From Lewis Dartnell, Sunday Times bestselling author of The Knowledge, a book that takes us back through time to explore how the Earth itself has directed the human story.

 

When we talk about human history, we focus on great leaders, mass migration and decisive wars. But how has the Earth itself determined our destiny? How has our planet made us?

As a species we are shaped by our environment. Geological forces drove our evolution in East Africa; mountainous terrain led to the development of democracy in Greece; and today voting behaviour in the United States follows the bed of an ancient sea. The human story is the story of these forces, from plate tectonics and climate change, to atmospheric circulation and ocean currents.

How are the Himalayas linked to the orbit of the Earth, and to the formation of the British Isles? By taking us billions of years into our planet’s past, Professor Lewis Dartnell tells us the ultimate origin story. When we reach the point where history becomes science we see a vast web of connections that underwrites our modern world and helps us face the challenges of the future.

From the cultivation of the first crops to the founding of modern states, Origins reveals the Earth’s awesome impact on the shape of human

 

OUT NOW in Hardback:  [Amazon UK] [Penguin]

*** Come see me speak live about the book at one of the tour events ***

“Origins is one of those rare books that dissolves mystery through the steady application of sublime lucidity… Dartnell understands geology, geography, anthropology, physics, chemistry, biology, astronomy and history. That’s quite an achievement, but what makes him special is the way he communicates the interconnectedness of these disciplines in a clear, logical and entertaining way… Superb.”
THE TIMES, Book of the Week

“A sweeping, brilliant overview of the history of not only of our species but of the world. Whether discussing the formation of continents or the role that climate (and climate change) has had on human migration, Lewis Dartnell has a rare talent in being able to see the big picture – and explaining why it matters.”
Peter Frankopan, Author of The Silk Roads

“Dartnell has found the perfect blend of science and history. This is a book that will not only challenge our preconceptions about the past, but should make us think very carefully about humanity’s future”
Simon Griffiths, MAIL ON SUNDAY

“Dartnell’s story is beautifully written and organized. His infectious curiosity and enthusiasm tug the reader from page to page, synthesizing geology, oceanography, meteorology, geography, palaeontology, archaeology and political history in a manner that recalls Jared Diamond’s classic 1997 book Guns, Germs, and Steel.”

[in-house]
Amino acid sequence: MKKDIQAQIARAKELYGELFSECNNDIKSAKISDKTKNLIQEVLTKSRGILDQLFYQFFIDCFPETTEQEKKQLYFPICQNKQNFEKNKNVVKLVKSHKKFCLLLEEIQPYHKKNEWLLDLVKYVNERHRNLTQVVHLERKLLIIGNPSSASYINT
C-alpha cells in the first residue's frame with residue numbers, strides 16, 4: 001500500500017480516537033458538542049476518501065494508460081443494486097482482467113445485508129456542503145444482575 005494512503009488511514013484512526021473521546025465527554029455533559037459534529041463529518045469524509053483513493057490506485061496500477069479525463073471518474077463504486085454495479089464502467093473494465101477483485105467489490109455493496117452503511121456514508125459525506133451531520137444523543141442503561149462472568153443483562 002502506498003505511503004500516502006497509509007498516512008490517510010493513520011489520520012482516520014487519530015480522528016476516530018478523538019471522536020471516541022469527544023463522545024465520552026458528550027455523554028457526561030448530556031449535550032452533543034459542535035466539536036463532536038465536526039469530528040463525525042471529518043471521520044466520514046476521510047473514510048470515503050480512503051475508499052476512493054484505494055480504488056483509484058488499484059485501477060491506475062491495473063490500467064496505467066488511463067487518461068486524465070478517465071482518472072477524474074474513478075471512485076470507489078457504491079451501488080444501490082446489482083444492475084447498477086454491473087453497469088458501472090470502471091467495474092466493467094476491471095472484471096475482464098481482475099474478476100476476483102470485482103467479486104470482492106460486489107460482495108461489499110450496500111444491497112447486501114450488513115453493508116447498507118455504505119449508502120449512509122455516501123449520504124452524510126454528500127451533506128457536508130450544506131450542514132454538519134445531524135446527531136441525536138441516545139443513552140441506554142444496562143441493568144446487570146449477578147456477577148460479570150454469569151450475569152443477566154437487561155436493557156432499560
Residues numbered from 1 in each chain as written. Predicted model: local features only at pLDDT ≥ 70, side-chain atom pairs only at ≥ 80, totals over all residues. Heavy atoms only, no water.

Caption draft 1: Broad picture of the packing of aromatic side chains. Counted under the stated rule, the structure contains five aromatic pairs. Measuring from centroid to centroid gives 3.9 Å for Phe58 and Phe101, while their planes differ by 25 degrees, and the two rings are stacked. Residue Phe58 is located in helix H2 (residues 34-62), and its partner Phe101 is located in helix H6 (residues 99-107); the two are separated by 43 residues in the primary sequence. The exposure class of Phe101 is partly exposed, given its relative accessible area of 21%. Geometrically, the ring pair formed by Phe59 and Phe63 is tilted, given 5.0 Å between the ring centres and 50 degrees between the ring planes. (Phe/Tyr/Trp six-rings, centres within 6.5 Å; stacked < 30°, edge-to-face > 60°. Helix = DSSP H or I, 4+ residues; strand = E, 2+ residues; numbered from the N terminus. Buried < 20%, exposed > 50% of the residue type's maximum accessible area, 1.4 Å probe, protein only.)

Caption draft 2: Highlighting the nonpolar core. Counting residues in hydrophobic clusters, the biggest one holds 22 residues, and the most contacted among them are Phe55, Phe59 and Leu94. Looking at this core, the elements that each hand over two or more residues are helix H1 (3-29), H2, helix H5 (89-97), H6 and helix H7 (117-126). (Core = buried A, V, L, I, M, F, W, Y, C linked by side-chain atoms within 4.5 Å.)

NATURE

“Dartnell is an eloquent, conversational guide to these daunting aeons of time. Never has geological history seemed so current.”
THE GUARDIAN

“An excitingly grand argument driven by delight in detail. This thrilling look at how geography shaped us stands comparison with Harari’s ‘Sapiens'”
THE SUNDAY TIMES

“An original and timely way of looking at human history through the materials and natural resources that our species has employed to such effect. It should be read by everyone who ponders how long exploitation can continue on a finite planet”
Richard Fortey, author of The Earth: An Intimate History

“Endlessly enthralling, Lewis Dartnell explains why the history of humanity, and of human cultures, both take dictation from the deeper history of Earth herself – from broad generalities to surprisingly specific details. An entertaining and informative essay on contingency – and worthy successor to the writing of Stephen Jay Gould”
Ted Neild, author of Supercontinent

“What a treat to see history through the eyes of an astrobiologist! Lewis Dartnell’s absorbing new book shows, with many vivid examples, how deeply human history is embedded in the history of planet earth.”
David Christian, author of Big History

 

OUT NOW in Hardback:  [Amazon UK] [Penguin]

Book tour events

 

3 comments

  1. Jeremy Bark

    Fascinating book, full of stunning revelations but the print quality is so poor that the crucial image of the earth at night on pages 282 and 283 is so indistinct as to be almost useless.

    • lewis

      Thanks for the comment Jeremy. Unfortunately, there are limitations on the grayscale that can be represented on the printed page, and we optimised it as best as we could.

      • Jeremy Bark

        I appreciate that, and in every other respect I found the book original and thought-provoking, erudite yet entertainingly readable..

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